Giovedì, 18 Ottobre 2018

Italian right, center mourn neo-Fascist leader Pino Rauti


Rome, November 2 - A chorus of Italian right-wing
and centrist politicians on Friday mourned Pino Rauti, former
leader of Italy's main postwar neo-Fascist party, the Italian
Social Movement, who died in Rome at 86.
"He was an impassioned intellectual and sometimes
controversial, but he always defended his ideas with great
tenacity," said former premier Silvio Berlusconi, whose
sentiments were echoed by the secretary of his centre-right
People of Freedom Party (PdL).
"Rauti leaves all of us, especially the young, with a
lesson: there is a necessary link between politics and culture,
between concrete action in the present and historical, social
and cultural research," said Angelino Alfano.
Pier Ferdinando Casini, the leader of the centrist UDC,
called Rauti "a courageous intellectual of great depth".
A diehard soldier in Benito Mussolini's puppet regime of
Salo', Rauti founded one of Italy's main postwar neo-Fascist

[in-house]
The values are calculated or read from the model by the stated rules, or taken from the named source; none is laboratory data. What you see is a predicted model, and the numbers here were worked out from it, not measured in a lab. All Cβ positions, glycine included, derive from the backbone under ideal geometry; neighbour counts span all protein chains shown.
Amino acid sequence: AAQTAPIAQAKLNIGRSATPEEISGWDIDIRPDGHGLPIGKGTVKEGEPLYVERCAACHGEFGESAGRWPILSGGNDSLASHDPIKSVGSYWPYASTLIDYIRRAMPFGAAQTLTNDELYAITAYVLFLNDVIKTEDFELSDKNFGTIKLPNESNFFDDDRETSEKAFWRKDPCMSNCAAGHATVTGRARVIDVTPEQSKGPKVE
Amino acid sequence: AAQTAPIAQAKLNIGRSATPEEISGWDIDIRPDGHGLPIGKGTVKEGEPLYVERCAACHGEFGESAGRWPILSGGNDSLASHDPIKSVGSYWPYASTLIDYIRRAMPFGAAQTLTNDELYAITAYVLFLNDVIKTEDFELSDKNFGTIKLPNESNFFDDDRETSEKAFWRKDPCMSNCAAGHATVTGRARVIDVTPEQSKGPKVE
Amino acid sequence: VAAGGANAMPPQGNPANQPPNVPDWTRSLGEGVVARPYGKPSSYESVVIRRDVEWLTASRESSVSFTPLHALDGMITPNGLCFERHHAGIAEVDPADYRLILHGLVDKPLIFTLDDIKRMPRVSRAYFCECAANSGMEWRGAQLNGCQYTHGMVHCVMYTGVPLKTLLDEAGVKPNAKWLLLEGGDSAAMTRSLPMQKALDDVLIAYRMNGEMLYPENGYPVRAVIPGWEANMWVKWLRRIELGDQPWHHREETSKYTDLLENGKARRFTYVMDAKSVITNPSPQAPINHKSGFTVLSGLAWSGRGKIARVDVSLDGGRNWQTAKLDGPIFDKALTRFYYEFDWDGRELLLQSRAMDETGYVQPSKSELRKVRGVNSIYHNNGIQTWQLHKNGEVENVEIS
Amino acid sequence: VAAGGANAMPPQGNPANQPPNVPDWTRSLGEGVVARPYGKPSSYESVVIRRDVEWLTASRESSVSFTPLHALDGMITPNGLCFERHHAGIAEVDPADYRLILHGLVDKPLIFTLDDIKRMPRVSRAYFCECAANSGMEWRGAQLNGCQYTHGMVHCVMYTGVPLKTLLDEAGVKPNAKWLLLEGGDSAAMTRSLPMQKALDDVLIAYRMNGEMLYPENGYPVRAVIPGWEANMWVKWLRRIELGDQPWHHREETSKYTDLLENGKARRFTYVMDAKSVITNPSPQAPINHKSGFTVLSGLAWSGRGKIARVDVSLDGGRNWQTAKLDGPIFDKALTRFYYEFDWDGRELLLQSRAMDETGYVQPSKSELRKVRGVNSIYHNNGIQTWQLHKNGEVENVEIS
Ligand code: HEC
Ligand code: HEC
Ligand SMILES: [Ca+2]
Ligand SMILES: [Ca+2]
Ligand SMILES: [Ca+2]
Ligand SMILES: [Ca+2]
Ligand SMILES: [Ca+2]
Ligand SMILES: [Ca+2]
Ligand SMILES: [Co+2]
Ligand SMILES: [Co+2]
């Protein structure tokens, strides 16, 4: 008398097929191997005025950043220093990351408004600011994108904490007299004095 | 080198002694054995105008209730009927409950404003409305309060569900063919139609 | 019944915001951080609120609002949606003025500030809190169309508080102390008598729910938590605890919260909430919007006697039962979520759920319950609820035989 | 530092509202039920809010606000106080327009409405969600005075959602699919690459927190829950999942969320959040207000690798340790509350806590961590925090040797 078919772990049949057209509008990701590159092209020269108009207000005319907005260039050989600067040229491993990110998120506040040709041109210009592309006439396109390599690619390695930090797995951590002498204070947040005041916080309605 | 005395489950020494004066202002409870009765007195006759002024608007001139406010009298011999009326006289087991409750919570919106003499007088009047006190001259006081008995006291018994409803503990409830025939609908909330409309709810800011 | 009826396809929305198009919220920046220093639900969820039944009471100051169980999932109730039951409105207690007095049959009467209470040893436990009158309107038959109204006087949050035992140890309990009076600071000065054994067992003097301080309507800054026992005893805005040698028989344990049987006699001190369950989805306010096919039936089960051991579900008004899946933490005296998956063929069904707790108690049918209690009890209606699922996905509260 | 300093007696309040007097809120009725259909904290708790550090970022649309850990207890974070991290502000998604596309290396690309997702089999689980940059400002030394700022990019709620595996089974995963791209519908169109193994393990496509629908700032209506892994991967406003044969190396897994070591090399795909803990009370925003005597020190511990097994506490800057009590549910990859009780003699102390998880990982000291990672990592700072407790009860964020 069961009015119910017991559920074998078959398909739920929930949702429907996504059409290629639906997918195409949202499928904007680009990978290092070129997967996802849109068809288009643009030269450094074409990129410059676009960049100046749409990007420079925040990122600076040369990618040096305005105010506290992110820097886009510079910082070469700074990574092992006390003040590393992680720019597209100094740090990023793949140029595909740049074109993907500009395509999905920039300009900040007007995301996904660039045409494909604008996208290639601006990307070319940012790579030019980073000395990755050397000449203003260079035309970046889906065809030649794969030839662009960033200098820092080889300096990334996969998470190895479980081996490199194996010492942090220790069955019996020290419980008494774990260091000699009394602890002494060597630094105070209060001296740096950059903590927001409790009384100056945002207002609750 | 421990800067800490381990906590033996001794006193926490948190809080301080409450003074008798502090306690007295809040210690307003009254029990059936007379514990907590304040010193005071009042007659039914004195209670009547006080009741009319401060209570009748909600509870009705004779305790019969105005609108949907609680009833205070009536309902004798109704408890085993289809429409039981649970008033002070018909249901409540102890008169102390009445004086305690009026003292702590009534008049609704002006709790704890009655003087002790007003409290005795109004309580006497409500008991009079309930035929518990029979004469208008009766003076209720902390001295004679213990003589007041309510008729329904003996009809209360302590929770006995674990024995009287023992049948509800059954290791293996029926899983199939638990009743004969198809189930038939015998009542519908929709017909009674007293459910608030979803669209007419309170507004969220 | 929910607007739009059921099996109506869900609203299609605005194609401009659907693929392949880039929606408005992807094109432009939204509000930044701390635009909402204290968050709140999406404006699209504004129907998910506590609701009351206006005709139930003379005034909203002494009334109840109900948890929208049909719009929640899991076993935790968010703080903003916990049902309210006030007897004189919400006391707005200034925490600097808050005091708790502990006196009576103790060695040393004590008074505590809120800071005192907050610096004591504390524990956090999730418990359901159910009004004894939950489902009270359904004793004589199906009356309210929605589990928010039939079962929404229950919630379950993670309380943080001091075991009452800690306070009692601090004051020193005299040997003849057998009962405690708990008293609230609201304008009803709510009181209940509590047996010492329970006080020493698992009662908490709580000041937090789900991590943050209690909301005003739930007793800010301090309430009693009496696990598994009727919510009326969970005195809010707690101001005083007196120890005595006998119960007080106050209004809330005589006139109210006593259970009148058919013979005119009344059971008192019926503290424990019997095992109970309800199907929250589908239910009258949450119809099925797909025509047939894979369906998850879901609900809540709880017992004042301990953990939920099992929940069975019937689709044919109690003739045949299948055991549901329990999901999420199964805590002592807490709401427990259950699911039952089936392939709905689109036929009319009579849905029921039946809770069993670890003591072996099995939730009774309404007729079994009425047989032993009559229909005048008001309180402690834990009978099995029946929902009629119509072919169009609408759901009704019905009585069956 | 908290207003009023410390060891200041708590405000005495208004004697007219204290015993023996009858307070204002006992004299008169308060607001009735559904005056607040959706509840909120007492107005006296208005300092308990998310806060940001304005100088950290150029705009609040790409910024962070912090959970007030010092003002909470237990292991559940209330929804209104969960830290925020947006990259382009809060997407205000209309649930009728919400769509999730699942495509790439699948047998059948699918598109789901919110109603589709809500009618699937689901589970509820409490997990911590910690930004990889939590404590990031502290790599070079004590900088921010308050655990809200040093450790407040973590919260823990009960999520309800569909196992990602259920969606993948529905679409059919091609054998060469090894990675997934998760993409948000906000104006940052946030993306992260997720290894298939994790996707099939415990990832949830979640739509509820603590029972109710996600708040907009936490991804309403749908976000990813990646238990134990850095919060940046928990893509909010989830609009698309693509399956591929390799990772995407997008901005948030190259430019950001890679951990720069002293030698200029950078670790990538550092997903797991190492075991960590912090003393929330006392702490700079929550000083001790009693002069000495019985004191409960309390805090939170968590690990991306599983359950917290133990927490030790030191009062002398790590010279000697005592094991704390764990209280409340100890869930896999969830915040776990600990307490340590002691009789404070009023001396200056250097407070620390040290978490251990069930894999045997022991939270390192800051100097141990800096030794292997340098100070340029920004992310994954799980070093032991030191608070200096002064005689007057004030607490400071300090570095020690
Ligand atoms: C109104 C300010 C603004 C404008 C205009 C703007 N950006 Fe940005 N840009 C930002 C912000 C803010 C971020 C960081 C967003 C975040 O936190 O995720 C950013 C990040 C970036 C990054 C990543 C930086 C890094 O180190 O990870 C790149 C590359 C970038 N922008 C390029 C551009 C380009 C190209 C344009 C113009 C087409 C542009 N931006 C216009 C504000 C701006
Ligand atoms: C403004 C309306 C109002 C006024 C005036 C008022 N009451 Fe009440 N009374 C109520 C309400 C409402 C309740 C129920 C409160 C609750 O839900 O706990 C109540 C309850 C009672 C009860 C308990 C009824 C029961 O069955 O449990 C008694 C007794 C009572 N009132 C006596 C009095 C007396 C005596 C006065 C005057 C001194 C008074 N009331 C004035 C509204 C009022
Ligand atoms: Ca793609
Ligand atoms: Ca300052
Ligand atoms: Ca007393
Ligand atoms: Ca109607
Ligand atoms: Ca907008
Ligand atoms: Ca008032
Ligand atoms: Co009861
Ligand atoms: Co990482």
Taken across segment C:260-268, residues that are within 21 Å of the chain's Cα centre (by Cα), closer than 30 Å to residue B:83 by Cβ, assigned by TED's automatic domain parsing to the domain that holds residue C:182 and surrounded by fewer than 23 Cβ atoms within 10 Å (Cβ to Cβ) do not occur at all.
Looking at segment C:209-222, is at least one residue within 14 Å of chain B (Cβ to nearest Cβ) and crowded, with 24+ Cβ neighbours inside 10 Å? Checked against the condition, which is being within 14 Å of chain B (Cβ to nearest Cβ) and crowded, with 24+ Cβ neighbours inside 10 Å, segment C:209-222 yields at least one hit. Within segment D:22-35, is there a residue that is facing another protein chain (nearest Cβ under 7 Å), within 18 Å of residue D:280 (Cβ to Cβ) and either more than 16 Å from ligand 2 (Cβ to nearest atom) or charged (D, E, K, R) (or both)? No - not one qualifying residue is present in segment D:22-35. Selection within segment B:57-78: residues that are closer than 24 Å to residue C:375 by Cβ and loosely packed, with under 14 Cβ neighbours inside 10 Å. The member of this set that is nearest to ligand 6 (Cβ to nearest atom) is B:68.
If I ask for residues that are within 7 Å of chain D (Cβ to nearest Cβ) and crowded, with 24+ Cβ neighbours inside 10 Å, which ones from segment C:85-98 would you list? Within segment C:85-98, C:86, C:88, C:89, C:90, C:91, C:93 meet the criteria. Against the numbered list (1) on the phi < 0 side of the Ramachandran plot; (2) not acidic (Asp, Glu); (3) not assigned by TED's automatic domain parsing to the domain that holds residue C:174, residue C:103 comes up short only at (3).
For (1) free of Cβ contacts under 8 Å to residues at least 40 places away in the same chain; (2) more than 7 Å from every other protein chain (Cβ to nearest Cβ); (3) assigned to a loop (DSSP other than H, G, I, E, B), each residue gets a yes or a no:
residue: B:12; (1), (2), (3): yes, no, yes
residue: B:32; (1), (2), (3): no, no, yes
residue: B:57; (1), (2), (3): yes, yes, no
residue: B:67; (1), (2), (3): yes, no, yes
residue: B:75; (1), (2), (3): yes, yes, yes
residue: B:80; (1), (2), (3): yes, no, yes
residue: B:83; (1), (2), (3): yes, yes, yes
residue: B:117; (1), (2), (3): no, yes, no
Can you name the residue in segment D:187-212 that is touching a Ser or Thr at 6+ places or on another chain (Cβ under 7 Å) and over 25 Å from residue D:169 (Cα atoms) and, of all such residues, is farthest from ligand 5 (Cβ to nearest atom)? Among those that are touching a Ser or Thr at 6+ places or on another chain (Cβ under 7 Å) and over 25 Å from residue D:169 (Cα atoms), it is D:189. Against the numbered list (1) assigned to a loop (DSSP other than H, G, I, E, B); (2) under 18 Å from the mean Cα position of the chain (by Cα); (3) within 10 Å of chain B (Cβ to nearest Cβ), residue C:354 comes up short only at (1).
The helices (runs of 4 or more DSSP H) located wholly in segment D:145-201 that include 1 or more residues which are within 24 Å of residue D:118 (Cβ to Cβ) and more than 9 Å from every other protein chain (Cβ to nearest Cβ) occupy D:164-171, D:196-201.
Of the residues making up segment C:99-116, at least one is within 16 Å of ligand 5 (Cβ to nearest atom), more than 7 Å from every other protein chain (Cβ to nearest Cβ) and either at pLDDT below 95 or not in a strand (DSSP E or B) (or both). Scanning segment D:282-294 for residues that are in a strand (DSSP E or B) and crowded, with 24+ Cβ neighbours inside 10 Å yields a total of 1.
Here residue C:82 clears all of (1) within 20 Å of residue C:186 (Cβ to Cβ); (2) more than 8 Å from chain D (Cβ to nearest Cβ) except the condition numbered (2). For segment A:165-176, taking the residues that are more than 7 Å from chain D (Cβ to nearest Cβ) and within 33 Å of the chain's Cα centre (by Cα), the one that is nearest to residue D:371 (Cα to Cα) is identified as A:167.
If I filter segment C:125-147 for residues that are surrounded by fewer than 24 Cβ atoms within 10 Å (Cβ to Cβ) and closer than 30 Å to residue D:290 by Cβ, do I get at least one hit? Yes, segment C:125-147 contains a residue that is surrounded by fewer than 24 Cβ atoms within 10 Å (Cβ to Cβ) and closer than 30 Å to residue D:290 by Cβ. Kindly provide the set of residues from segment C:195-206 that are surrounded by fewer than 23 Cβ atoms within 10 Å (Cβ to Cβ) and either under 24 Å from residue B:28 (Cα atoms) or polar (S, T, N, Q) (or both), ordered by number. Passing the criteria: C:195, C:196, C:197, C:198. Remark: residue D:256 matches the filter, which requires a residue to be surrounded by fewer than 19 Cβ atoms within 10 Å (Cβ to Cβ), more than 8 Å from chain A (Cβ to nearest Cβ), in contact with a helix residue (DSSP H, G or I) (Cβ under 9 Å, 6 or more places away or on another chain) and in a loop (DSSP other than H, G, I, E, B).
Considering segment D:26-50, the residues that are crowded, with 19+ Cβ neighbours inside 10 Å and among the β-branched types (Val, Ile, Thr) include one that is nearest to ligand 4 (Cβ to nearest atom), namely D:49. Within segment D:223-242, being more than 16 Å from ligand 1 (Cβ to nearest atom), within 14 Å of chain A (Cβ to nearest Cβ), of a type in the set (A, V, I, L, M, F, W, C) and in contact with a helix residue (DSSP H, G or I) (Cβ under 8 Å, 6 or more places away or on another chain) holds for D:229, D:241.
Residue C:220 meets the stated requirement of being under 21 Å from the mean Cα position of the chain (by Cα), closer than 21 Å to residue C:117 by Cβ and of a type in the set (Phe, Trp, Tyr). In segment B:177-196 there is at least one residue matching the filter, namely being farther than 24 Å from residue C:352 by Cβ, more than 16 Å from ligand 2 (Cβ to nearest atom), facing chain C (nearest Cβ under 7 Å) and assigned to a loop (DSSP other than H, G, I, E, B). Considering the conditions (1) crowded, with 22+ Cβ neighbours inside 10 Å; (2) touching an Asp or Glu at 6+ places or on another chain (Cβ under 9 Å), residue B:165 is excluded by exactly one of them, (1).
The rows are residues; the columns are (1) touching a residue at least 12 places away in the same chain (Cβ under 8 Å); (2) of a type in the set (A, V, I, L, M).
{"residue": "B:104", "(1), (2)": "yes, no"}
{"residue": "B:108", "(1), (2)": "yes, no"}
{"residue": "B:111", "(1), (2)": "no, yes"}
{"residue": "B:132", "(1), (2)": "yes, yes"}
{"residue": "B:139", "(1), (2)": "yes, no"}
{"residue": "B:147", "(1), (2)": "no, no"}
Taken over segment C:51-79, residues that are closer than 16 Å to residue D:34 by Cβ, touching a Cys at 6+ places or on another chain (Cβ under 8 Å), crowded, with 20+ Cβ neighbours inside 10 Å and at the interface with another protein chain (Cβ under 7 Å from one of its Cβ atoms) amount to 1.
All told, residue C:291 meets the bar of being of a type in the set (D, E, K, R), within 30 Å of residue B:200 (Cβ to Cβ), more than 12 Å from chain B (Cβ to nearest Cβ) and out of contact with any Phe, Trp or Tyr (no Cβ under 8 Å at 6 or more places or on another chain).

groups, Far, in 1946, along with former comrade Giorgio
Almirante before throwing in his lot with the bigger MSI.
He left the MSI, led by the charismatic Almirante, in the
mid-50s, forming the more radical Ordine Nuovo (New Order), but
returned to the fold in 1972 and became party leader off and on
until 1987, when he was defeated by Gianfranco Fini, now House
Rauti marched off with a small band of diehards when Fini
turned the MSI into the more moderate National Alliance in 1995.
Rauti's new party, dubbed the MS-Tricolor Flame, refused an
alliance with the centre right in 1996 - a move that cost the
coalition led by then premier Silvio Berlusconi several key
marginal seats.
Fini eventually became first an ally and later a party
colleague of Berlusconi before an acrimonious split two years
"Rigorous parliamentarian, intellectual of profound
culture, Rauti passionately expressed the dedication and ideals
of the nation," said a statement from Fini's office Friday.
Rauti, a journalist for the Rome-based daily Il Tempo, was
at various times linked to extremist tendencies and even
terrorism but the claims never stuck, including being brought to
trial over alleged links to the 1969 Piazza Fontana bombing in
Milan, which killed 17 people.
An icon of the far right, Rauti was admired by supporters
for his anti-capitalist views, criticism of American
'imperialism' and support for improving conditions in the
developing world.
His daughter is married to Rome Mayor Gianni Alemanno, a
leading member of Berlusconi's People of Freedom (PdL) party.
Funeral services for Rauti are scheduled Monday in Rome's
St Mark's church.

© Riproduzione riservata

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